In her Sidney Award-winning essay last month in Pacific Standard: “The Next Civil Rights Issue: Why Women Aren’t Welcome on the Internet,” Slate staff writer Amanda Hess tackled yet another facet of cyber-bullying by focusing on the disproportionate abuse that female journalists endure online.
Posts Tagged ‘Slate’
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“Happy to say we live in the same state. Im looking you up, and when I find you, im going to rape you and remove your head.” That’s a tweet Slate writer Amanda Hess received from her stalker. Unfortunately, Hess’ situation is not uncommon. In fact, female journalists being harassed and threatened online has become an epidemic.
Hess recently wrote a lengthy piece on the subject for the Pacific Standard. She discovered that of all the people who reported being stalked and harassed online from 2000 to 2012, 72.5 percent were female. “No matter how hard we attempt to ignore it, this type of gendered harassment — and the sheer volume of it — has severe implications for women’s status on the Internet,” Hess argued.
How can we change this situation? Read more
There must be something in the air, maybe the end of a crazy year, that’s making writers introspective. In the past week alone, there have been some very good analyses of the state of the digital publishing . Since it’s cold outside (unless you live in a place where it’s not cold outside, and in that case, stop gloating) and you need some good reads for hibernation, here are five pieces that, I think, aptly explain the industry right now and help further the conversation.
Everybody in the room, put your hands together for Mr. Bennett. It’s not that he’s against expansive reporting, but the way the terminology is thrown around by publications. He asks:
“Is this just a fad, maybe even a fraud? Cynics would say that publishing a few big feature stories is a shortcut to respectability, and they’d be correct. But realists, I’m happy to say, would comment further that such features work: They draw in a lot of readers.”
Recently, I have find myself tapping out around page 3 or 4 of a feature article. By placing value on “long” we stop focusing on “interesting.” Let’s find another phrase, Bennet suggests, even if it proves tough;
Length is hardly the quality that most meaningfully classifies these stories. Yet there’s a real conundrum here: If long-form doesn’t fit, what term is elastic enough to encompass the varied journalism it has come to represent, from narrative to essay, profile to criticism? And how do you account for the blurring of boundaries as work from the digital realm energizes and reshapes traditional forms of journalism?
good post about Gawker’s Neetzan Zimmerman, although I wondered about this: “He posts only about a dozen items a day” http://t.co/rBfMIQvbxI
— Mathew Ingram (@mathewi) December 2, 2013
Let’s put aside the fact that that headline is really long and plays into some viral trends itself. After the Wall Street Journal’s profile on Neetzan Zimmerman, Ingram was irked by how many times a day the subject posted, and posits that focusing on viral content as a growth strategy, while it works for some, may not be a great idea. Don’t put all your eggs in one basket sort of thing:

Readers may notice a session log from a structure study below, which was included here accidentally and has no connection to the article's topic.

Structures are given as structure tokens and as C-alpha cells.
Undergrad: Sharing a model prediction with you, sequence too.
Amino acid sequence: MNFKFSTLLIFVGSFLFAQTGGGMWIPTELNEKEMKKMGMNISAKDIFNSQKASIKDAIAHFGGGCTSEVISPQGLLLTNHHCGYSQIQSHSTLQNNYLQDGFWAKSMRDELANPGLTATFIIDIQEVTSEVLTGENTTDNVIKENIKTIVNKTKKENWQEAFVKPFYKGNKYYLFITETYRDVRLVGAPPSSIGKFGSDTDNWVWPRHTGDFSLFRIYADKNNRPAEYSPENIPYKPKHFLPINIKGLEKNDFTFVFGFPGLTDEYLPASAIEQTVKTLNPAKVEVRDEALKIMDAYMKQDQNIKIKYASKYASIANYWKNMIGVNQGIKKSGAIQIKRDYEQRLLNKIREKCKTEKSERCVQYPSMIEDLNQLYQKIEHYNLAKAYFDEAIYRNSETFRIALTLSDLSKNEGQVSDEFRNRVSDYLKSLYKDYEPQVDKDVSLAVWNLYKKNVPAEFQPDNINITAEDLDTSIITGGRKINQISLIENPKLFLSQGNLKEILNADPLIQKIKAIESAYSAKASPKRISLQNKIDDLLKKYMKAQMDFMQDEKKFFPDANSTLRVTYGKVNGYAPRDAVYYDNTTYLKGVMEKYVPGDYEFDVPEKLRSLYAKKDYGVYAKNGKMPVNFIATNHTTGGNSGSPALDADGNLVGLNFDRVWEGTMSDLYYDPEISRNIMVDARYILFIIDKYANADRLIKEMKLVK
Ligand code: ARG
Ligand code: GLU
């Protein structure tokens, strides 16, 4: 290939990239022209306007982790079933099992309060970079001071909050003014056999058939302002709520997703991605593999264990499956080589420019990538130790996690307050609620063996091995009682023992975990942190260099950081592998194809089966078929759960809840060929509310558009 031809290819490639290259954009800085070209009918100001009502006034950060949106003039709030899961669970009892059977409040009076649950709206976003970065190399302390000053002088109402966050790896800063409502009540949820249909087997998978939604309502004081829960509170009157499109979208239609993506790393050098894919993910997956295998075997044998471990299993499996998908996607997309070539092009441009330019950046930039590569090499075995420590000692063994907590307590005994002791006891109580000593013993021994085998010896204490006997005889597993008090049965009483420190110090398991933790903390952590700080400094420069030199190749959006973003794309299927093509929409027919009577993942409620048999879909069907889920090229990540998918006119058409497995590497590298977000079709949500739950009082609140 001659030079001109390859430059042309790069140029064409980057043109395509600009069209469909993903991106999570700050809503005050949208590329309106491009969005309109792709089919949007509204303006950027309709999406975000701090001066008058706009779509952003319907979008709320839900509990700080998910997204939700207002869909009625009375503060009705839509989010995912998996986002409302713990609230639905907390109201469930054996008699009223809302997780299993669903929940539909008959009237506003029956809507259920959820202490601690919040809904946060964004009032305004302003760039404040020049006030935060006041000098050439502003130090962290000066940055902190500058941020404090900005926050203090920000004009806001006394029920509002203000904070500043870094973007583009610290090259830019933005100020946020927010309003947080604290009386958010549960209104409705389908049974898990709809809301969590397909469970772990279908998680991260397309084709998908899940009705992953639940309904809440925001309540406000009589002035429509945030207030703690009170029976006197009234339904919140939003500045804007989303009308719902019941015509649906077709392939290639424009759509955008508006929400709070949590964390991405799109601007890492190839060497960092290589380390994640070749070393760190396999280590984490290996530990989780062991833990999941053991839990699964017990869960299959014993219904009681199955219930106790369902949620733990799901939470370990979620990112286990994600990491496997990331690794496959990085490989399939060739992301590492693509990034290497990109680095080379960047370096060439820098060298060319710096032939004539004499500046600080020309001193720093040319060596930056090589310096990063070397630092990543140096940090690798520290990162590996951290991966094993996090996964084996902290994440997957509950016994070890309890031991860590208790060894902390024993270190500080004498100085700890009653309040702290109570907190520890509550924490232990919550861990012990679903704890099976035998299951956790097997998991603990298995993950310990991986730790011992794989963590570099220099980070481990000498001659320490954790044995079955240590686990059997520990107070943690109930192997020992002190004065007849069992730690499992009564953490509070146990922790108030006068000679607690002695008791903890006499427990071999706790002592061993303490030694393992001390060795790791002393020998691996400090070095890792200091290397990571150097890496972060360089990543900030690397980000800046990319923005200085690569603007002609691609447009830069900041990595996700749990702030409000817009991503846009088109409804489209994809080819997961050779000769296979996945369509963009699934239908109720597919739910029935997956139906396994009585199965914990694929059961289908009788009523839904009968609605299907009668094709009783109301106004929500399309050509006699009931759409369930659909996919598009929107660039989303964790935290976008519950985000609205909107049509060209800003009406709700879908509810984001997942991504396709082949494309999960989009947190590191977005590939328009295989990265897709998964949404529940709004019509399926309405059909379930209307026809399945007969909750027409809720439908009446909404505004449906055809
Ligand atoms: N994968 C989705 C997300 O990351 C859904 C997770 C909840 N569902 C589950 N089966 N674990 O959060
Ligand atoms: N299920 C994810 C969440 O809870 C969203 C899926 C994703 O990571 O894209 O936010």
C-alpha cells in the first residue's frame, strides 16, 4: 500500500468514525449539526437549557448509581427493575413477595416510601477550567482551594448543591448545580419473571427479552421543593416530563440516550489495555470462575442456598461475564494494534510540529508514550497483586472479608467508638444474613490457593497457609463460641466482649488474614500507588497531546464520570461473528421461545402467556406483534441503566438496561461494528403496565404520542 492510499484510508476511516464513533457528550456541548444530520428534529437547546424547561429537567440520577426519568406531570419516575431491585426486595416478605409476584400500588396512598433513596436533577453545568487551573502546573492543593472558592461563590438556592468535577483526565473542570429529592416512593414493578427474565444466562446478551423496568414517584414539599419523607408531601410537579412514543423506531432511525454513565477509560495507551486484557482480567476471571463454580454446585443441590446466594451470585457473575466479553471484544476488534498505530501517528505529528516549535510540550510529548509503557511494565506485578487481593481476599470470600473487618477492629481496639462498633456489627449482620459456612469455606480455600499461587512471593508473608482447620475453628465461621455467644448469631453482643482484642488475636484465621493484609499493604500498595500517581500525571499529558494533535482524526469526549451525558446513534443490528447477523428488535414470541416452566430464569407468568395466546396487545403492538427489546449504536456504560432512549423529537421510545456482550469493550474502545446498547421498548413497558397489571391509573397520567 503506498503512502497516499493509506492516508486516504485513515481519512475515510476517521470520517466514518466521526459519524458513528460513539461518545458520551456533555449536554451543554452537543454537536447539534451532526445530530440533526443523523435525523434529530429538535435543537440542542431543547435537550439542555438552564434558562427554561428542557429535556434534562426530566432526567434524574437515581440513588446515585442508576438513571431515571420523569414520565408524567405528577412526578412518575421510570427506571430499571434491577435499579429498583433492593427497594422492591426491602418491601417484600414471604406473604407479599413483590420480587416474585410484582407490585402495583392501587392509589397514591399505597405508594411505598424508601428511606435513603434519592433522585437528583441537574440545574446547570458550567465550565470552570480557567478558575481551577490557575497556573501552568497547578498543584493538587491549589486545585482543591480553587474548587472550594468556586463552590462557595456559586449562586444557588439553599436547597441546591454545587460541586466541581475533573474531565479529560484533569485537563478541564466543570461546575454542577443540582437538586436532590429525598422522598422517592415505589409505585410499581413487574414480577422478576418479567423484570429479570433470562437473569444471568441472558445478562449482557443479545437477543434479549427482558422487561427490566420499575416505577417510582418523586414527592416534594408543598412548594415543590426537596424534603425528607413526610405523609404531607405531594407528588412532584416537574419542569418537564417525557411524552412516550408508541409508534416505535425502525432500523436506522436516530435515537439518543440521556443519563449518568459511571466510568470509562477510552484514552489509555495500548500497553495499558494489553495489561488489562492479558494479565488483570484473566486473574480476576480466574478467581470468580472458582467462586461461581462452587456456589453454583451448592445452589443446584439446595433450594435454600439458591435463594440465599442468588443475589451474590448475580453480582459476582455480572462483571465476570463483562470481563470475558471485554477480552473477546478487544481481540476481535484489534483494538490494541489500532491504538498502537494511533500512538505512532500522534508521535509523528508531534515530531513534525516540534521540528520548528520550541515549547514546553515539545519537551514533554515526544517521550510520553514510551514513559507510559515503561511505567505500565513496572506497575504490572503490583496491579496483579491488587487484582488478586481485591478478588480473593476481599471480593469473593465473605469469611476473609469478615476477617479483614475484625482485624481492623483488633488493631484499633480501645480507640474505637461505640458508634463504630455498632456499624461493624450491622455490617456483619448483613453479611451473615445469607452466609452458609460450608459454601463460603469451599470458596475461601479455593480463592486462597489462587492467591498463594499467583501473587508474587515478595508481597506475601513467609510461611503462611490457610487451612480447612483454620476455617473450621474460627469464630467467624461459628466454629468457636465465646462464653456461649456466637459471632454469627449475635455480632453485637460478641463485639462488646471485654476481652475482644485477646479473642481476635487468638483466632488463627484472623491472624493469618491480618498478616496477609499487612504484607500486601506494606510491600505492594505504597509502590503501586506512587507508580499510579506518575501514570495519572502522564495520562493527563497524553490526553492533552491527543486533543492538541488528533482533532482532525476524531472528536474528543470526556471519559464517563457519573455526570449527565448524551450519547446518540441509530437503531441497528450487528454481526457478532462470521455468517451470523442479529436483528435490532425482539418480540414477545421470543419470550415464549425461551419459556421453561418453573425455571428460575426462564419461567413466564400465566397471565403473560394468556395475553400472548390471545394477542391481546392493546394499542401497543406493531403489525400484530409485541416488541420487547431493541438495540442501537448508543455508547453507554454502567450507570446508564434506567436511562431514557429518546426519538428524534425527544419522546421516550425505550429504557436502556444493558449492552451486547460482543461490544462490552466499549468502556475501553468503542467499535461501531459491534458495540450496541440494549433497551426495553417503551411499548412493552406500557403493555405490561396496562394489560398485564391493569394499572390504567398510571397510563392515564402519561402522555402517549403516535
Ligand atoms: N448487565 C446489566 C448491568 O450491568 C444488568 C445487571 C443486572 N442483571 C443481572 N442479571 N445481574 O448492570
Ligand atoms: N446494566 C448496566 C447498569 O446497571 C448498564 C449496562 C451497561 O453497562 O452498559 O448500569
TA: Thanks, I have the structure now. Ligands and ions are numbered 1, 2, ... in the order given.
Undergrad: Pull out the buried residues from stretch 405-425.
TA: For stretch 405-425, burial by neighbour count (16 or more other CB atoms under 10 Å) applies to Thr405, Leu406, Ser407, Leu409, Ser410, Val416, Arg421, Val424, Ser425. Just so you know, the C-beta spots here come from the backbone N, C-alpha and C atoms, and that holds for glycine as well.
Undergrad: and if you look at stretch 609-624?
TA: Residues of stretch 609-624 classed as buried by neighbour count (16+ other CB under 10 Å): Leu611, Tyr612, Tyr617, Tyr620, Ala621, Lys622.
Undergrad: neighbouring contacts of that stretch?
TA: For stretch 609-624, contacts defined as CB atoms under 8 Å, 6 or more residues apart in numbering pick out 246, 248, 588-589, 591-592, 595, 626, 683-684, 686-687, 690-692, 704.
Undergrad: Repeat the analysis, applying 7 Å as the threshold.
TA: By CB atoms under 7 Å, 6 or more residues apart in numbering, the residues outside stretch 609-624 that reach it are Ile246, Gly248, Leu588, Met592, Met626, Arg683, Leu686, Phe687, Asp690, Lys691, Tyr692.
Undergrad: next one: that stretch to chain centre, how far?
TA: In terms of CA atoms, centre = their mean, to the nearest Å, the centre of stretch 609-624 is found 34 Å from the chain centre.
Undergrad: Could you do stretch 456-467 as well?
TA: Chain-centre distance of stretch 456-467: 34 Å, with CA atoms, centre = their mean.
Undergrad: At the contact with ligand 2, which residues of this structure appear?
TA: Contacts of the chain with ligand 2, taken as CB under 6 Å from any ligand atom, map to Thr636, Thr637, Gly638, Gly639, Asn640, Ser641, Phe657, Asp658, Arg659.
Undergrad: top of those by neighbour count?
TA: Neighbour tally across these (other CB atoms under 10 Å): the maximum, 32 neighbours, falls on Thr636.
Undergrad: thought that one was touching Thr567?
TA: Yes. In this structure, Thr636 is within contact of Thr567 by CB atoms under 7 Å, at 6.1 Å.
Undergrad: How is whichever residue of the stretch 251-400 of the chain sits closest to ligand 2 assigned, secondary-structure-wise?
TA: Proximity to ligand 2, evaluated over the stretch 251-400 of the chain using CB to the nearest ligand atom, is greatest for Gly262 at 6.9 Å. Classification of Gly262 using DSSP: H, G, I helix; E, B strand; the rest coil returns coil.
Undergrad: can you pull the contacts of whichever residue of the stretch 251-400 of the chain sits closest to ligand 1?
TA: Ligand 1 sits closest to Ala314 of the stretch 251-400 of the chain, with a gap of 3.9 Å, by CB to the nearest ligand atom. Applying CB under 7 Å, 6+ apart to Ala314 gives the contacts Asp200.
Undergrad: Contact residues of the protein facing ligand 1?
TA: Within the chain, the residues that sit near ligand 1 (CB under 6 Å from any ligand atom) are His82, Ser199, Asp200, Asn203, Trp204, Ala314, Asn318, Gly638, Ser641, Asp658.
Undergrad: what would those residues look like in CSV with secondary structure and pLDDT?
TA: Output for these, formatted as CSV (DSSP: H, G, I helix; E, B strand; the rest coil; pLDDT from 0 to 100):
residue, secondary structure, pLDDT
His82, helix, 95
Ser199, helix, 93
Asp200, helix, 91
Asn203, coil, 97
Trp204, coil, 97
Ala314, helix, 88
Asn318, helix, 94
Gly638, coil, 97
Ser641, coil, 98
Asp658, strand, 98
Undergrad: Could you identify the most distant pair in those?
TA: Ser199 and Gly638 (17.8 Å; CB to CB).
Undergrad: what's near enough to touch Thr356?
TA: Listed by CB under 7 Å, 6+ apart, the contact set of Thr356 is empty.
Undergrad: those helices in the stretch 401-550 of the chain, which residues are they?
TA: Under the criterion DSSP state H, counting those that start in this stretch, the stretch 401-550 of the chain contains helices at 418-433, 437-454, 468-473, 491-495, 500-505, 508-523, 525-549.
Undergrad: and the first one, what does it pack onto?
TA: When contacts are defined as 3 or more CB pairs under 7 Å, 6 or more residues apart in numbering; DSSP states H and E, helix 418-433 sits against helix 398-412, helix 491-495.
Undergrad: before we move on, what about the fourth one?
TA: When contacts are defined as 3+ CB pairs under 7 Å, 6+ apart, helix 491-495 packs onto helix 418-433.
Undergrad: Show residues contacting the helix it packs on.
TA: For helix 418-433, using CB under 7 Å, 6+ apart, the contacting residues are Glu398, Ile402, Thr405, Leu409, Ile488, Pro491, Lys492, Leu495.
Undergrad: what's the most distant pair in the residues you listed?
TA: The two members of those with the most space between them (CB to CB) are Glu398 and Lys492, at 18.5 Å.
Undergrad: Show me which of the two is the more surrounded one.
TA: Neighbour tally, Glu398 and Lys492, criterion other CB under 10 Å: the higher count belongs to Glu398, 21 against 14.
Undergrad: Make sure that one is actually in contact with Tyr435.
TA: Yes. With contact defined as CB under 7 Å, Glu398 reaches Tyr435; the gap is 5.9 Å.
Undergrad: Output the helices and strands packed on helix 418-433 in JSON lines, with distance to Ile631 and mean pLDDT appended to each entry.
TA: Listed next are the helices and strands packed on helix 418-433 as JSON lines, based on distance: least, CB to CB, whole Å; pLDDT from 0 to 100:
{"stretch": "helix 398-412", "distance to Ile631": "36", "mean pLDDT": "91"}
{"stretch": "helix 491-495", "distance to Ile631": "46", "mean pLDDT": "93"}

But even if the content itself continues to work — in the sense that people will always want to share photos of otters holding hands or cats that look like Franklin Delano Roosevelt — the value of those millions of pageviews is continuing to drop. That’s not just because there are more and more sites doing it, but because the value of incremental pageviews is sinking inexorably towards zero. Read more
When Facebook released their Best Practices guide for media last week, I admit I thought it was cute. In my world, I consider Facebook sort of my ‘private life,’ a space I reserve to share thoughts and internet things with people I actually know, whereas I consider Twitter my more public persona, where I follow strangers’ opinions. Facebook’s advice seemed like they were pointing out the obvious (‘have your content creators use the ‘Follow’ button’) in a last ditch attempt to make the social network as relevant as Twitter, especially in the wake of the all the ‘social media as wire service’ talk since the Boston marathon bombings and manhunt.
But that’s sort of a fallacy. In fact, one billion people still use Facebook, all the time. When I’m honest with myself, my newsfeed is just as full of wedding photos and lunch break musings from my real-life acquaintances as it is new posts and headlines from my favorite media outlets, just like Twitter. And Facebook is starting to get savvy about helping those publishers garner traffic and reader engagement. It’s not a bad product.
Slate is the best example of a using Facebook to successfully engage their readers; it’s even the case study in the handbook. They’ve doubled their Facebook referrals between the second quarter of 2012 and the first of 2013. Read more
Do you read the comment thread on your articles and columns? Sometimes, when a piece gets lots of social media attention, it’s hard not to. It’s even been suggested that depending on the tone of a comment thread, readers opinions can change. Comments are content, too. I’m don’t belong to any commenter community on any site, but I do read the threads on some of my favorite news sites. Sometimes they can be useful or just funny, and sometimes, they make me lose my faith in humanity.
In a recent essay, Jeff Jarvis sets out to define the troll. By using Aaron James’ Assholes: A Theory as a jumping point, Jarvis defines the troll as a specific, if not just web-based, animal. The troll is out for blood. Your blood. And responding to them only makes them happy.
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